It just seems like common sense that when you ask someone to reduce their spending, you shouldn't be seen throwing around your own money as if it grows on trees. This, unfortunately, doesn't seem to be a lesson that health insurers have learned.
All the major health payers are lamenting the costs of healthcare, taking steps to cut their expenses by, for example, cutting major hospitals like the Mayo Clinic out of their network and begging doctors to reduce emergency room admissions. Meanwhile, they're doling out multi-million dollar bonuses and golden parachutes to their executives.
Here's a recent example. Blue Cross Blue Shield of Massachusetts signed an alternative quality contract with Beth Israel Deaconess Physician Organization where Blue Cross provides a budget for them to provide care for their HMO patients. If the doctors are under budget, they share the surplus with Blue Cross, but only if they can show improvement in patients' conditions or the patients received more preventive tests. Meanwhile, Blue Cross provided former CEO Cleve Killingsworth with almost $11 million in severance and bonuses and also paid its 18 directors between $11,000 and $84,000 each, with 14 of them receiving between $60,000 and $76,000. Keep in mind that Blue Cross operates as a non-profit, which doesn't generally allow compensation for sitting on a board of directors.
Cigna and WellPoint also have felt the weight of public, and increasingly, political pressure to lower their compensation packages. Cigna's CEO David Cordani received $9.77 million in pay last year, not including options and stock awards. Angela Braly, president and CEO of WellPoint, received a 3 percent boost in compensation last year for a total pay package worth $13.4 million--despite the insurer's sharp decline in profits.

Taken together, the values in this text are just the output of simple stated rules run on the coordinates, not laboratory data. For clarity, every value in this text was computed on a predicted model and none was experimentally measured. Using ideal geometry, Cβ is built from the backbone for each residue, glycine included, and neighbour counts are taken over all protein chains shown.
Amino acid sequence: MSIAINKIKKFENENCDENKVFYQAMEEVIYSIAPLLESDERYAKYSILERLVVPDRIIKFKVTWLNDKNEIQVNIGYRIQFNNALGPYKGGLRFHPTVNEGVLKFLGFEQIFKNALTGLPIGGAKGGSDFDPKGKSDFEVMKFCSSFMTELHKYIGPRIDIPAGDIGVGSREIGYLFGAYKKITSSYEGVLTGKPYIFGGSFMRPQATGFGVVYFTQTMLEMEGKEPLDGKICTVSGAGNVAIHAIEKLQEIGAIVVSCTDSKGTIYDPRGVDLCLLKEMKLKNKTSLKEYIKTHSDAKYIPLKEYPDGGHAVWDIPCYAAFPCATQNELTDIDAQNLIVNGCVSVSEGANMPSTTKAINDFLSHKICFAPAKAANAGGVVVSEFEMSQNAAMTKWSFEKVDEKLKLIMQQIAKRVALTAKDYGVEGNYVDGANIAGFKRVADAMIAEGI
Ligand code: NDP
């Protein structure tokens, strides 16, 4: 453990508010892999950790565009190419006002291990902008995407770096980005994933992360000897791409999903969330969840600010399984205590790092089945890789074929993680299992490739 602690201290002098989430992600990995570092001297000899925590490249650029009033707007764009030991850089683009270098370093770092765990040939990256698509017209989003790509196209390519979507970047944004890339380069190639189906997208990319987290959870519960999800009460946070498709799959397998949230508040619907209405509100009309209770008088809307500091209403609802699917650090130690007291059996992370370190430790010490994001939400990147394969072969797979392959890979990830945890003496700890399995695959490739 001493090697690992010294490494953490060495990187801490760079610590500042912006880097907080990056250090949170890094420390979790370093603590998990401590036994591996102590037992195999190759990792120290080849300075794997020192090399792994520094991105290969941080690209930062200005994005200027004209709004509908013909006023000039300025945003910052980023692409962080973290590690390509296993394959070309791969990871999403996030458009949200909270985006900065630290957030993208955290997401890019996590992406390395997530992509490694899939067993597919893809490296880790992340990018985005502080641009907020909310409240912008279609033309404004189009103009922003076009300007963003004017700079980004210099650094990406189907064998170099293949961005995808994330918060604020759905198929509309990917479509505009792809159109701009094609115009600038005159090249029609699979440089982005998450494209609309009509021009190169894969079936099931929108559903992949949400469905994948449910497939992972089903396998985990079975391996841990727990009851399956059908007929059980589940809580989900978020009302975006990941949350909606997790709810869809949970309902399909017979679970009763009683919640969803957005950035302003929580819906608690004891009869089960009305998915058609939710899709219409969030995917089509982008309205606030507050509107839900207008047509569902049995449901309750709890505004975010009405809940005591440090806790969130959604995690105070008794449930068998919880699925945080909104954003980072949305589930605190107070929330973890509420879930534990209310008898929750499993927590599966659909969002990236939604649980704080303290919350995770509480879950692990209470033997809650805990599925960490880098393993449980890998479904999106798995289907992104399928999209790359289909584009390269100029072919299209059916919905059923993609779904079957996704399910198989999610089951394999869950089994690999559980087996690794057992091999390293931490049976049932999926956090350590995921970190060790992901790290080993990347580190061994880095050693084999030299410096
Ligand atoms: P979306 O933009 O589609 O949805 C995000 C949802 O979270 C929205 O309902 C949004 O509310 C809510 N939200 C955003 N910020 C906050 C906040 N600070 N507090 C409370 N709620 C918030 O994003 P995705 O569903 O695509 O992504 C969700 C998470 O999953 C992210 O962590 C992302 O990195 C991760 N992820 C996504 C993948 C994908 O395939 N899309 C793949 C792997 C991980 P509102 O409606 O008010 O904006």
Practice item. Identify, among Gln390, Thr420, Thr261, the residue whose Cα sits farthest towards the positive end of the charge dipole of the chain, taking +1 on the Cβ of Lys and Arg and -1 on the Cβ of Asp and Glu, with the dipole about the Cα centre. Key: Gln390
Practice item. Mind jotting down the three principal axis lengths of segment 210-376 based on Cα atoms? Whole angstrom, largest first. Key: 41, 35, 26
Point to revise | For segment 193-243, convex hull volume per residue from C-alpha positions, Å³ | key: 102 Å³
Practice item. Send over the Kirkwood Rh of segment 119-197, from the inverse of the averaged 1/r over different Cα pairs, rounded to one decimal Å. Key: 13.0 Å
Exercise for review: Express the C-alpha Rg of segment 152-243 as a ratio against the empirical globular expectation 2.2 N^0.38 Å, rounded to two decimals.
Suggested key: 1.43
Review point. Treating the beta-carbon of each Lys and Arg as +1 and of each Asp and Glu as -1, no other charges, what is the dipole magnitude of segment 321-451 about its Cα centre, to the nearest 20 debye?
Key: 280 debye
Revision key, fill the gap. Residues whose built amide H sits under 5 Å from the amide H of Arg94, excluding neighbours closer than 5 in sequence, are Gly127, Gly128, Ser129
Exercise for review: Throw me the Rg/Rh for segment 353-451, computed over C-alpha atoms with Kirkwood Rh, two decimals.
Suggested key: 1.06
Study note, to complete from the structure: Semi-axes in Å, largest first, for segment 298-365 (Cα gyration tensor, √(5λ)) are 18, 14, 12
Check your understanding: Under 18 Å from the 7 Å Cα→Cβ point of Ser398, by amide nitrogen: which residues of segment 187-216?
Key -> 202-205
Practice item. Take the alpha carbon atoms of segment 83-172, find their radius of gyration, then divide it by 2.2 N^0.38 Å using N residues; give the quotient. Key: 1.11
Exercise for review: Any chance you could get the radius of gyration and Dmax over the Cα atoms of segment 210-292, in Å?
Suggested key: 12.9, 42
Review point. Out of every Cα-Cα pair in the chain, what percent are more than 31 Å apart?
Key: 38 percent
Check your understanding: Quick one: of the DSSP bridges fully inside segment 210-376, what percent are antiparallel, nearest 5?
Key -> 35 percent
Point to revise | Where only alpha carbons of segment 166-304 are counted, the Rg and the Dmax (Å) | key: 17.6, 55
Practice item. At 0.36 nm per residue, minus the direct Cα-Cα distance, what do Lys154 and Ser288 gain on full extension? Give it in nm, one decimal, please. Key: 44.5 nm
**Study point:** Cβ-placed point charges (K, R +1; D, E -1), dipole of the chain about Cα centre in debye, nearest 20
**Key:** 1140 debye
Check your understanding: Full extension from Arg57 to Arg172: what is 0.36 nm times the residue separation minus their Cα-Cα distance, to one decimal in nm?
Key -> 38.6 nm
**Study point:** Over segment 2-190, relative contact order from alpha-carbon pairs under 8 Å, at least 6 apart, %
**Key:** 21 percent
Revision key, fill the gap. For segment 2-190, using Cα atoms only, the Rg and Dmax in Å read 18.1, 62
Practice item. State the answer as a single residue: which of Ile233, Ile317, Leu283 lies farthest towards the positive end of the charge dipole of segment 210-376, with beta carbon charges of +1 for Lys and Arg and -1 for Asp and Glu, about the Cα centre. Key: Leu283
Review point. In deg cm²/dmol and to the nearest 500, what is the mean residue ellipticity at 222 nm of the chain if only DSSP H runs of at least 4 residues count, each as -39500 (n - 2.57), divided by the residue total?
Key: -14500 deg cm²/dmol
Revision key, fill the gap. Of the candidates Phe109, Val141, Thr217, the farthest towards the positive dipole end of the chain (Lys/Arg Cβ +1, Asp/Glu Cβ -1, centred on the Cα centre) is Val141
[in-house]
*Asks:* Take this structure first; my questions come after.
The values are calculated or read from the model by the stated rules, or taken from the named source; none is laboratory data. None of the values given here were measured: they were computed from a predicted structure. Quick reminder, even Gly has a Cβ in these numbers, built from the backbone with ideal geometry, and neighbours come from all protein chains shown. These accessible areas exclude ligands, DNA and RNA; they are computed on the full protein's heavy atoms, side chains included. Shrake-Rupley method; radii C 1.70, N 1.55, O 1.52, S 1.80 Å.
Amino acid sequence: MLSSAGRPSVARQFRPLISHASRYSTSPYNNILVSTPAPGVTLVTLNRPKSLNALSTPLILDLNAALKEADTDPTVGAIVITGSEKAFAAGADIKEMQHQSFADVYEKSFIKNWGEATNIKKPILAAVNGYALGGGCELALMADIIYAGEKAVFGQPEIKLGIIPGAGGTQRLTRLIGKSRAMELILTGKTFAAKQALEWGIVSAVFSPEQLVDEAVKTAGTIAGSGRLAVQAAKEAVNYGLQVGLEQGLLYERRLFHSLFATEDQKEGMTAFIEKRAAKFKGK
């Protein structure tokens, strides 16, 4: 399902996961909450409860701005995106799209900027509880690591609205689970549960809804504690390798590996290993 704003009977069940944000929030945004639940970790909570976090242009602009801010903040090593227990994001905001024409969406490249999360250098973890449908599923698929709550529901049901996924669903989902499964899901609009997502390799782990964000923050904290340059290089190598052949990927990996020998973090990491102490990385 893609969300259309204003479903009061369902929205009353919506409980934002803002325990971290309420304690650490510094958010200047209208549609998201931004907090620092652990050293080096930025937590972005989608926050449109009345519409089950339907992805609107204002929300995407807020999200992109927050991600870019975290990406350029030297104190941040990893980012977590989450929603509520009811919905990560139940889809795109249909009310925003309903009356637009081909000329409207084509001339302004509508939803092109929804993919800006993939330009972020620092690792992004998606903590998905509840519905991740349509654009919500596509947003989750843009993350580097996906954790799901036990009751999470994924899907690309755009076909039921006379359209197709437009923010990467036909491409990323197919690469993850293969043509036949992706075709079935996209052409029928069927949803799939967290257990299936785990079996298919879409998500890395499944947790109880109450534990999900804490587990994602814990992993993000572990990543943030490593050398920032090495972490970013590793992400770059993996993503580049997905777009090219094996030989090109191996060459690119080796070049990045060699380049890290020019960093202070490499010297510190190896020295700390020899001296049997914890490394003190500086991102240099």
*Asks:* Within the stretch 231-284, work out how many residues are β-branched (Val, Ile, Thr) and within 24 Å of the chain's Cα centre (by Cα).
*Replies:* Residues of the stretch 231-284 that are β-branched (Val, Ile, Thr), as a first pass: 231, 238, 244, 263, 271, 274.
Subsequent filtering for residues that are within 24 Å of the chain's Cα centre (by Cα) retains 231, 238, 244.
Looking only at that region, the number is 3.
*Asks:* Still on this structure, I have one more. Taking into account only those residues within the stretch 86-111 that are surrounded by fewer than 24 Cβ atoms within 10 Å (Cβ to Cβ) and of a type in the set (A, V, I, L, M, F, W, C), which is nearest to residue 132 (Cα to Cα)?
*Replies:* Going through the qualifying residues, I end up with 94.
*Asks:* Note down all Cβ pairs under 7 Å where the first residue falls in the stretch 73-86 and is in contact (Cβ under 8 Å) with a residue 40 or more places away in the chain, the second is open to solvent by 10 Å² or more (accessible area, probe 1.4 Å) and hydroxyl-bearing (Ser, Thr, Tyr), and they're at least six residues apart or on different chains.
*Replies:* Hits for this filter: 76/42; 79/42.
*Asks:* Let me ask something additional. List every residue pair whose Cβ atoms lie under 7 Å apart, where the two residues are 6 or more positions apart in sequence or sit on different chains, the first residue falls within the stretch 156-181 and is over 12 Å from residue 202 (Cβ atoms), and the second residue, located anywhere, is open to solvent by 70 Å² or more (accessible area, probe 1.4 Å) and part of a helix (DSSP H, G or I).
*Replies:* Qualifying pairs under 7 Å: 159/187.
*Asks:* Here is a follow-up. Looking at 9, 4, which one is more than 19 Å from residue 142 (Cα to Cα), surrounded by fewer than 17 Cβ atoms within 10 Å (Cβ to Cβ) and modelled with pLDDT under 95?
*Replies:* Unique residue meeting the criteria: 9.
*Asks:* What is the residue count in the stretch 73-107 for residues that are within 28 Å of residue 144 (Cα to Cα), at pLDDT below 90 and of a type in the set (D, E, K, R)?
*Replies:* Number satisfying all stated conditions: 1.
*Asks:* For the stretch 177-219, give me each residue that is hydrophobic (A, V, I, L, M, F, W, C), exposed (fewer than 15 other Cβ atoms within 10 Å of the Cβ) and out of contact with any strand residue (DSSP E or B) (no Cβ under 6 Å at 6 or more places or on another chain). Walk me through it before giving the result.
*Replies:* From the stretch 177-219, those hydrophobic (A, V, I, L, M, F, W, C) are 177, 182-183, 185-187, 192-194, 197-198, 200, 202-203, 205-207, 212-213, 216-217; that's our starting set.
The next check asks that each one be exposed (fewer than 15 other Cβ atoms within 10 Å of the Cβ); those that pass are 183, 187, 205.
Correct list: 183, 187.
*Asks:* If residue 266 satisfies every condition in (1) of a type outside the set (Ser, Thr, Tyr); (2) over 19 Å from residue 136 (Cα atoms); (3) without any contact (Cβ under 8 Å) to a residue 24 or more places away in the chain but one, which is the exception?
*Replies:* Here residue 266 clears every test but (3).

Health payers can't have it both ways. If they want to engender any sort of public support and loyalty in an increasingly consumer-driven healthcare market, health payers must redeem themselves. Most people consider health insurance companies only to be money-hungry, greedy bastards (pardon my French), so it will take a huge media relations campaign to change such a strong and entrenched perception of an industry. Giving execs tons of money isn't going to help shape a consumer-friendly image.
It's been proven that even taking such a drastic step as eliminating all salaries to the upper echelon of payer execs wouldn't change the financial crisis facing healthcare and it wouldn't change the costs of insurance. But this issue isn't about facts; it's about image. Insurers can't ask doctors to keep their costs down or expect public support for decreasing costs while seemingly not caring about their own in-house costs and compensations, particularly during an economic recession. Such oxymoronic behavior causes insurers to lose credibility.
Fortunately, there have been some bright spots during these contradictory times. Blue Cross Blue Shield of Massachusetts has suspended pay to its board of directors. CEO Andrew Dreyfus said that if the community expects the board shouldn't be paid, "then I'm willing to accept that." Granted, his hand was practically forced by the state attorney general's office, but I'm trying to look on the positive side of things here.
If only other insurers would take similar steps to decrease their executive payouts, maybe they could have a larger seat at the table to discuss what really matters--providing quality healthcare at lower costs. - Dina